O’Connell’s lip-syncing isn’t nearly as transparent. That could, however, be the result of what we’ve become conditioned to expect in a theater. In the 42 years since THE ACT, we’ve heard quite a bit of artificial sound emerging from speakers. This performance doesn’t sound any less natural than what theatergoers hear at the Delacorte Theatre when Shakespeare in the Park is in session, or even in some Broadway houses.
The lip-syncing makes her seem to be a woman possessed, a benign version of the character Linda Blair played in THE EXORCIST. Yet saying the words to the tape isn’t nearly all there is to O’Connell’s performance. The expression “Timing is everything” is very much in force here. Those who’ve learned foreign languages from tapes have often come in a second or two (or seven) too late after the instructor has asked them to speak. O’Connell never does.
Her impeccable timing also extends to when to come in and out of a grimace. She must cough and sneeze at the precisely right times, too. We’ll never know if the gestures and expressions that she uses at all resemble the ones that Higginbotham displayed during the sessions. Yet O’Connell may convince you that these were the ones.
Your fascination with the stunt will eventually be eclipsed by your becoming engrossed by O’Connell’s face full of pain. And yet, at times when relating an arduous moment, Higginbotham occasionally comes out with a laugh, obviously as a defense. She’ll probably be the sole person in the house you’ll hear laughing; only those with ice cubes in their veins won’t be horrified to hear about her torturous and arduous journey. The story is so harrowing that Cosson often had a harder time asking questions than Higginbotham had in answering them.
The credit “DANA H. by Lucas Hnath” is a bit grandiose for a “script” that is actually by Dana Higginbotham and Steve Cosson. Hnath should take an “edited by” credit, for dozens of beeps throughout the recording let us know that we’re not hearing one continuous interview.
And while we’re talking about credits, Les Waters gets one for direction. But how does one direct such a show? The tale (!) obviously wags the dog; the tape itself is the real director. On the other hand, perhaps Waters asked O’Connell for a grimace here, a smile there. We’ll never know.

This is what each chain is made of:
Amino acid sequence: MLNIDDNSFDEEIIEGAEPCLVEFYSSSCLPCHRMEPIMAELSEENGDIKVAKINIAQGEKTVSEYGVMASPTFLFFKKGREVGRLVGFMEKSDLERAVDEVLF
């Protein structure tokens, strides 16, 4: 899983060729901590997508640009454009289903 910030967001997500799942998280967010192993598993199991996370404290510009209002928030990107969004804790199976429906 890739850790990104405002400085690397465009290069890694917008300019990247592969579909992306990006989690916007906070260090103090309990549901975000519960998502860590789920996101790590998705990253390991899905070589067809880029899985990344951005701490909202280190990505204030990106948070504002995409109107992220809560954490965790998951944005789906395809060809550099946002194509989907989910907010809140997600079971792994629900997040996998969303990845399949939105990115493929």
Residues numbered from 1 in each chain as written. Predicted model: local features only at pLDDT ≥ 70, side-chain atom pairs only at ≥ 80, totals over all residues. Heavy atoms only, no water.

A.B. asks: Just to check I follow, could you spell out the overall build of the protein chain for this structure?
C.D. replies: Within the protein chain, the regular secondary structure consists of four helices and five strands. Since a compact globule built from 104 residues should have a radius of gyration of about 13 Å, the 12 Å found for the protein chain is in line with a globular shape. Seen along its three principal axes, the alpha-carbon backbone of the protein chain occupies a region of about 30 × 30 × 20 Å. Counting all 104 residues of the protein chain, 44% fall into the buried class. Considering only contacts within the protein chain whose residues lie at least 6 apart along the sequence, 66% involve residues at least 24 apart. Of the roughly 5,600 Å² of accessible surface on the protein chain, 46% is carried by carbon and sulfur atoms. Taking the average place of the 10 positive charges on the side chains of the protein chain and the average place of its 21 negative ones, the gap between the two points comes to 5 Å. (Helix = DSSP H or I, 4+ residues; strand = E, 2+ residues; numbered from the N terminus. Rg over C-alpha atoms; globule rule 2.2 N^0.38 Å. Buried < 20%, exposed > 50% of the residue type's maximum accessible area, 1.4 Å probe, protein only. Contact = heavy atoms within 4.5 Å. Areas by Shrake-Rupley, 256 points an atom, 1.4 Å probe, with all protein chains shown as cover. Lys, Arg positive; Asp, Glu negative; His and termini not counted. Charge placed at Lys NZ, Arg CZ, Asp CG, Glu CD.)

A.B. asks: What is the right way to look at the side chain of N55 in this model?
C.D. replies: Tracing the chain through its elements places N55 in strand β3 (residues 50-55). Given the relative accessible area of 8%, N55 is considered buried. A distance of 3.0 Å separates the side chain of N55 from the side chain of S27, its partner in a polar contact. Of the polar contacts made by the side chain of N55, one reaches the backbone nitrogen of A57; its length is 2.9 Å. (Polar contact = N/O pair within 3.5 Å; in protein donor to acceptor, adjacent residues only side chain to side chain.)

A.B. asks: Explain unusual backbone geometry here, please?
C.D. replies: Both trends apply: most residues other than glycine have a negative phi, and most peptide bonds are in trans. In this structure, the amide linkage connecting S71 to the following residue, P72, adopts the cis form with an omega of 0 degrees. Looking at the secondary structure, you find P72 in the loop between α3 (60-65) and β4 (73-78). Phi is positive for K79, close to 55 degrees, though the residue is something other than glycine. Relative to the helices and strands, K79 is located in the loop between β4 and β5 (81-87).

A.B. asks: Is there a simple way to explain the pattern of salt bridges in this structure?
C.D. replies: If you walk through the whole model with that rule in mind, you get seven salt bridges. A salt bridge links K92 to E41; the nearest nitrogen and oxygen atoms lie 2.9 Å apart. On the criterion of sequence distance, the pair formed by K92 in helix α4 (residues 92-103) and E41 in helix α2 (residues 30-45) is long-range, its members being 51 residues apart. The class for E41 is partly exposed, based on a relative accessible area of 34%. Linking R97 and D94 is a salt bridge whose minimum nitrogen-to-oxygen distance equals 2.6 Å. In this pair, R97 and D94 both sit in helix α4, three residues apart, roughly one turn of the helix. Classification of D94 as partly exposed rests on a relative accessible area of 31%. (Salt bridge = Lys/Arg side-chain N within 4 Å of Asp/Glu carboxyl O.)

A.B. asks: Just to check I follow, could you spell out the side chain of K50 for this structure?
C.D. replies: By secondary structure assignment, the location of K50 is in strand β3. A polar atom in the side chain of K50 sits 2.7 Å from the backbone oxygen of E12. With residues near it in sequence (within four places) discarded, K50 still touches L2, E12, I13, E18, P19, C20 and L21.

Did Waters have a dilemma in a scene where Higginbotham shows a few 5-by-7 photographs as evidence? Even Row A residents can’t see what they are. Perhaps he and Hnath had decided that the piece’s hyper-realism shouldn’t be compromised with slide projections on the back wall. (Set designer Andrew Boyce’s motel room in a Days Inn that’s seen better days adds to this naturalistic feeling.)
After the first hour, O’Connell leaves the stage but her voice on the tape continues. A strange and seemingly irrelevant scene follows, unless its intention is to show that some people are simply inured to the sight of blood.
The divertissement may also be there to spare us from the atrocities for a few moments. When Cosson asked Higginbotham how she coped with her captivity, the woman matter-of-factly said “You adapt.” Yes, but only if a person has tremendous resilience akin to hers.
Even after all this, the real Dana Higginbotham miraculously returned to work and is still giving people the help they need; now, however, she’s Dr. Higginbotham, thanks to a Ph.D. in counseling. That achievement is just another reason why you’ll respect and admire Dana H. while you’re doing the same for Deirdre O’Connell.